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SPECIFIC PESTS

SPECIFIC PESTS OF Crops

CODLING MOTH

Palaearctic origin - dependant upon pome fruit.

Introduced into Australia 1850s --> Tasmania and spread north

Larvae enter fruit feeding mainly near the core. More damage when they leave to pupate. Cocoons spun in shelter in tree or in debris

Larvae diapause over winter and autumn. Multiple generations in warmer districts.

Normal infestation of 50-100% in unprotected crop.

Control

Light brown apple moth

Species Name: Ephiphyas postvittanna

Australian native leaf roller - polyphagous

Originally in cooler areas of Australia, now extended range to Qld.

Damage includes stunting and deformation of young trees and superficial injury to fruit.

Larvae shelter in leaf roll and so protected against direst sprays.

High resistance ability

Control

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Specific Pests of Livestock

Sheep blow fly

Species Name: Lucilia cuprina

Introduced from South Africa late 1800s

American strain mostly dark-coloured (map of distribution)

Flies oviposit in wounds or fleece rot and some in carrion

Evidence that in Australia L. cuprina is evolving towards obligate parasitism

Exacerbated by skin folds of sheep and diarrhoea caused by helminth (worm) infestation.

Control problems:

Control

SCREW WORM

Species Name: Cochliomyia hominivorax

Distribution:

Old World --> Africa, India, SE Asia, PNG
New World --> USA, South America

Damage:

Similar to sheep blowfly strike on cattle, sheep, goats
$750 million annual losses

Control:

Wound treatment, insecticide spray or dip

Eradication:

Achieved first in USA then Mexico and finally Central America by mass release of irradiated sterile males. USA declared free in 1966.

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Specific Pests of stored products

Warehouse beetle

Species Name: Trogoderma variabile Ballion

This beetle is related to, but is not as big a pest problem as the dreaded khapra beetle, T granaries. The beetle was first found in Australia in rice mills at Griffith, Leeton, Coleambally and Deniliquin: in March 1977 an eradication campaign was started.

Southwest NSW, including the MIA, was declared a quarantine area in December and a survey undertaken during April 1978. Infestations were found in Dubbo and Sydney during 1979 and by November 1979 doubts starting that eradication was not possible. Major infestations were found in northern centres, based on Gunnedah in August 1981 and a major control program started in December 1981. The control program was terminated in December 1982 after 33 farms were found to be infested in the Gunnedah area, as well as infestations found in several Grain Handling Authority premises.

A further survey conducted in NSW during 1993/94 indicated most of the northern infestations had been eliminated, but there were infestations within the MIA (Yenda, Griffith mainly). Rice mills were still the main site of infestations. An Australia-wide survey during 2003 indicted this beetle was widely distributed throughout the mainland states.

Control

T variabile does not disperse well on its own, with most new infestations starting from infested material brought into the premises. Overall hygiene is very important as infestations were usually associated with spilled material, especially old rat or snail bait. The same range of stored product protectants and fumigants are used to control existing infestations. Infested bagged grain is fumigated. It is important to clean up the premises as thoroughly as possible before applying any chemical treatment.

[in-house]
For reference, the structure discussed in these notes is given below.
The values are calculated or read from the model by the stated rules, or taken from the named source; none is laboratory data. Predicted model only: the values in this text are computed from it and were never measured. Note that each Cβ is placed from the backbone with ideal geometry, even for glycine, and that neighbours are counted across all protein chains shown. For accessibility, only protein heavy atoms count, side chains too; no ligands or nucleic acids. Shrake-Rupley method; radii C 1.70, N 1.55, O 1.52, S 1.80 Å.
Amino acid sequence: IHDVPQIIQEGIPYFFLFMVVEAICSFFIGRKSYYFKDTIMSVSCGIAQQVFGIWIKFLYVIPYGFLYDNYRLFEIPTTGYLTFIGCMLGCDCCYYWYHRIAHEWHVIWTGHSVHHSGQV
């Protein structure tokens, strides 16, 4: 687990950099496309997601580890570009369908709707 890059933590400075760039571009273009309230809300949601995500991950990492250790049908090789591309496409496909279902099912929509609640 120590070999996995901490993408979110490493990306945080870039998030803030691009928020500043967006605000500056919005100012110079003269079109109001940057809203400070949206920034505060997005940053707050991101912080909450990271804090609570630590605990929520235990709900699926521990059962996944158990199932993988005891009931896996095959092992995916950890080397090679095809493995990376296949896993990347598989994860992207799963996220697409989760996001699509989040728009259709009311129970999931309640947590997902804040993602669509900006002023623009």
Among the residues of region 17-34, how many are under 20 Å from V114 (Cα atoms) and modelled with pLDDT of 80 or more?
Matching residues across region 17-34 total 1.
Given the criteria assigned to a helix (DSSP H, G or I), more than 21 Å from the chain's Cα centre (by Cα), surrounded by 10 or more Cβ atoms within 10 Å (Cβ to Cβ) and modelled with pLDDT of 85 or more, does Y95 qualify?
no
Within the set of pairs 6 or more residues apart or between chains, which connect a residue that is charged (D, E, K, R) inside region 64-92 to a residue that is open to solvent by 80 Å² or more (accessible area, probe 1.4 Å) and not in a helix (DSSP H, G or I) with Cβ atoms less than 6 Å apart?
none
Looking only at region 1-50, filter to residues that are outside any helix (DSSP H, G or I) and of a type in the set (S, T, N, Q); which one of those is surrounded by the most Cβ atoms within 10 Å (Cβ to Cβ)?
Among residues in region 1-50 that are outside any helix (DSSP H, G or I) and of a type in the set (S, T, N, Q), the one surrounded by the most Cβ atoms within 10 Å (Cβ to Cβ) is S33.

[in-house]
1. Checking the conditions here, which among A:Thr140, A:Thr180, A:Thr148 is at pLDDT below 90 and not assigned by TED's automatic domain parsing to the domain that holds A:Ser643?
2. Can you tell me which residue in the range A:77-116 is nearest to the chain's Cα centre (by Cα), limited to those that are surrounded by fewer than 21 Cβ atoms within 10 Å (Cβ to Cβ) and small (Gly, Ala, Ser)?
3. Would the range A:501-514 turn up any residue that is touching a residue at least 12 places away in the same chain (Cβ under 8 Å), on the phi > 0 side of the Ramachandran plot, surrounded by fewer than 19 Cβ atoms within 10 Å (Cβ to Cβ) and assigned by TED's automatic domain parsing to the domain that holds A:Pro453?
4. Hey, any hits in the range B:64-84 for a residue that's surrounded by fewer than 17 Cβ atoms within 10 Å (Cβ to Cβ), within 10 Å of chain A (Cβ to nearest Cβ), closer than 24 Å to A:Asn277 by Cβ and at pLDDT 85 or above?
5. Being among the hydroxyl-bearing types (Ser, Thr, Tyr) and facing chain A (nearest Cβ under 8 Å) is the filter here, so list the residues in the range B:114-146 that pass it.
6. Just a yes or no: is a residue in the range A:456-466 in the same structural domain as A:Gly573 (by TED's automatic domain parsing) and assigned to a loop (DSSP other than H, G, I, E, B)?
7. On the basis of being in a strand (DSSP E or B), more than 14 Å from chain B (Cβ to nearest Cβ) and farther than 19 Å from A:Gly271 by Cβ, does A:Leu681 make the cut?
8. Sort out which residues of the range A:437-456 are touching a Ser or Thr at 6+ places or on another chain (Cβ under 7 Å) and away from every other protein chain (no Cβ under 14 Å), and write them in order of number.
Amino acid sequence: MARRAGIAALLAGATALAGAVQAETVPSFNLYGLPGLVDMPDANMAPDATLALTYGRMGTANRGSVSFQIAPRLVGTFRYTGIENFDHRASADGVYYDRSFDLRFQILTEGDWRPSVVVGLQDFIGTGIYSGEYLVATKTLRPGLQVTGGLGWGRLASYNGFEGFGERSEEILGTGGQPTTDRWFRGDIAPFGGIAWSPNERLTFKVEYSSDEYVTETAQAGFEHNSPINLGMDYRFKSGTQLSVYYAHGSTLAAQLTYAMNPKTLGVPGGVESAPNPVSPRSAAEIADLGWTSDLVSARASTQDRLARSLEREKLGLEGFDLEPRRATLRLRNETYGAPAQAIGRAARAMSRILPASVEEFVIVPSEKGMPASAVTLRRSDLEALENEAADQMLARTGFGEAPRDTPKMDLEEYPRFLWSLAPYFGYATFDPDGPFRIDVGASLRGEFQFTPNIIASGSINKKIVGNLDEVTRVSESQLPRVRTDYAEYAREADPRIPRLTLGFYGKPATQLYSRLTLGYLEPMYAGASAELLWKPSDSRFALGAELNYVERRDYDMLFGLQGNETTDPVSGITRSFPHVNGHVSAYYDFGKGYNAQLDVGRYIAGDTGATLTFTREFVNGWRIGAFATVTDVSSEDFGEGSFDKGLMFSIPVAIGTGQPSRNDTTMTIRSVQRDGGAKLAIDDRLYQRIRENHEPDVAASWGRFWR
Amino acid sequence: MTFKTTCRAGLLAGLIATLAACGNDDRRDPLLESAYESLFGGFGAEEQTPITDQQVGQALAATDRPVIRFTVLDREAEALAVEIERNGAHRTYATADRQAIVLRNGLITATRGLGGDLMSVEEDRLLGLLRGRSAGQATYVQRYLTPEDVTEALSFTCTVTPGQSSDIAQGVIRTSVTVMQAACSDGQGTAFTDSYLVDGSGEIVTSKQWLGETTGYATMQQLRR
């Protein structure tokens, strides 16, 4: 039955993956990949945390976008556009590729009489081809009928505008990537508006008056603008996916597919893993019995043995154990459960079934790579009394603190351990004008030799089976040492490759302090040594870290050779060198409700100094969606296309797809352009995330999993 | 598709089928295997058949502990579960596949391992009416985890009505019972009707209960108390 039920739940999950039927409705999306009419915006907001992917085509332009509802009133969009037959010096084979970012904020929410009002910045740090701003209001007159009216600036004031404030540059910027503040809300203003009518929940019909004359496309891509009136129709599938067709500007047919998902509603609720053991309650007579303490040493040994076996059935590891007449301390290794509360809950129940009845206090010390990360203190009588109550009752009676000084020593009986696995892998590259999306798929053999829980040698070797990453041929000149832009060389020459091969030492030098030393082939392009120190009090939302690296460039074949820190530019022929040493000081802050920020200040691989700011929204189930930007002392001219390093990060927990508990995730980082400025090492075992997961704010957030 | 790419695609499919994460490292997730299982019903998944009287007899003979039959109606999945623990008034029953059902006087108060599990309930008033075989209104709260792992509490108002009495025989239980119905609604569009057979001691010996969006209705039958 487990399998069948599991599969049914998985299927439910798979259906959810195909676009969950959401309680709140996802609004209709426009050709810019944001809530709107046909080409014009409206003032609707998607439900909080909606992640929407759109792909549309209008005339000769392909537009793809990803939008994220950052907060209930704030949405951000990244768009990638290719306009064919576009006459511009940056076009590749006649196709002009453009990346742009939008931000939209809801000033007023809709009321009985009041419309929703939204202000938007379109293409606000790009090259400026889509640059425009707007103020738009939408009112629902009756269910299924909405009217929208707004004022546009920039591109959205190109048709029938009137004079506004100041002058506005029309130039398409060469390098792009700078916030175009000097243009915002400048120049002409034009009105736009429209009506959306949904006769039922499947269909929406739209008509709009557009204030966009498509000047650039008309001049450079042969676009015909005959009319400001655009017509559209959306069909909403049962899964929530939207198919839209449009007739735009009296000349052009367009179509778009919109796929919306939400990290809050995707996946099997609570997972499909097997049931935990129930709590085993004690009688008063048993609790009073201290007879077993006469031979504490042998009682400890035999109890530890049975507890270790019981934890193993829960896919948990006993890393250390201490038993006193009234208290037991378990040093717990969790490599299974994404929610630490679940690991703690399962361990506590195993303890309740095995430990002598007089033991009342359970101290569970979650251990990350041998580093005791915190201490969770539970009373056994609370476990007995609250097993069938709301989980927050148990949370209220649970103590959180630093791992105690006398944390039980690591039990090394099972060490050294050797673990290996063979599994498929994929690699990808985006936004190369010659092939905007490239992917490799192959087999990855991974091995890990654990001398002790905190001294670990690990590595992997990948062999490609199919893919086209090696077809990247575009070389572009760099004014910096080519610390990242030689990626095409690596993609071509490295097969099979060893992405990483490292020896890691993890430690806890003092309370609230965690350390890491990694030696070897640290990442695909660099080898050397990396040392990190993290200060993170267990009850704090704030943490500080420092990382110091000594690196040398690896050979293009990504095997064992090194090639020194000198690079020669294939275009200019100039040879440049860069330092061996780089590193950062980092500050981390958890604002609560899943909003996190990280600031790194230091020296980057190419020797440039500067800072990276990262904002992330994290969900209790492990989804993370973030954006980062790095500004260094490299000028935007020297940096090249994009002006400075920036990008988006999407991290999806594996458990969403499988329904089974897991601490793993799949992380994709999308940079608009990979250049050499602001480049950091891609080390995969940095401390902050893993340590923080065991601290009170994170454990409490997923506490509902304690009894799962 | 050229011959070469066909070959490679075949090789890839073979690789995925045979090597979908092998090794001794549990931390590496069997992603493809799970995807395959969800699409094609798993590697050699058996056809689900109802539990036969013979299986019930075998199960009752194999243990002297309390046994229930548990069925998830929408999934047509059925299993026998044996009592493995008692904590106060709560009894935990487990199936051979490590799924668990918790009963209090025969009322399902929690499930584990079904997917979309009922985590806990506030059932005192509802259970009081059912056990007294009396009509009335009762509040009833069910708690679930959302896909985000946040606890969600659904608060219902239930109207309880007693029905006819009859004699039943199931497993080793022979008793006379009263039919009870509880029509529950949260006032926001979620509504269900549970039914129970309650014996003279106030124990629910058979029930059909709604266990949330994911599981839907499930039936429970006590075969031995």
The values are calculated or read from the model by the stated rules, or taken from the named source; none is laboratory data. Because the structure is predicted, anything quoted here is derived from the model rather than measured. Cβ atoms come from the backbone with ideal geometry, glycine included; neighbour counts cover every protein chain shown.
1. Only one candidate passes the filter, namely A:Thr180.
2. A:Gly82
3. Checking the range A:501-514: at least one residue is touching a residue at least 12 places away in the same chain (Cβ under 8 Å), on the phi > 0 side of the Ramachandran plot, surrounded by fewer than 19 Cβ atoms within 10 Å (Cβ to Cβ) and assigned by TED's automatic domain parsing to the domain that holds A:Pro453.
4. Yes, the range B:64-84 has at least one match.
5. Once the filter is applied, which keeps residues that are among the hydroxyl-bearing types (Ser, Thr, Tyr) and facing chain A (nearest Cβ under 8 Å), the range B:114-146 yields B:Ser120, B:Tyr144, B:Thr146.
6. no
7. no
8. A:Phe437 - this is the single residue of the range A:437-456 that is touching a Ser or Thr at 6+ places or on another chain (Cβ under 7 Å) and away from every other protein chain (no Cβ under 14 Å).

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Other PESTS

Bush fly

Species Name: Musca vetustissima

Native, favoured by European settlement. Distributed over most of Australia, particularly in warmer months and in open areas.

Die out over winter in the south but spread from he north with winds in spring.

Feed on sweat, tears, saliva and blood of large animals + faecal material

Mostly nuisance value but can be vectors of eye infections.

Breeds in fresh, moist dung, pupates in soil beneath.

Control by introduction of African dung beetles - many species - increase mortality of eggs and larvae by disturbing and burying dung.

Thrips vectors of Tospoviruses

At present there are three different plant tospoviruses and four known vectors present in Australia. The tospoviruses are Tomato Spotted Wilt Virus, (TSWV), Capsicum Chlorosis Virus, (CaCV) and Iris Yellow Spot Tospovirus (IYSV). The vector thrips are Onion Thrips, Thrips tabaci, Melon Thrips, T. palmi, Tomato Thrips, Frankliniella schultzei and Western Flower Thrips, F. occidentalis.

TSWV is vectored by T. tabaci, F. schultzei and F. occidentalis: CaCV appears to be vectored by T. palmi and IYSV is only vectored by T. tabaci. T. tabaci is cosmopolitan and may have been in Australia for some time. F. schultzei arrived in the early 1800's, and has spread throughout mainland Australia. T. palmi arrived in the late 1980's and at present is confined to tropical Australia. F. occidentalis arrived in separate introductions to Western Australia and New South Wales during 1993; it is slowly spreading in areas of intensive horticulture, but is not establishing in native vegetation.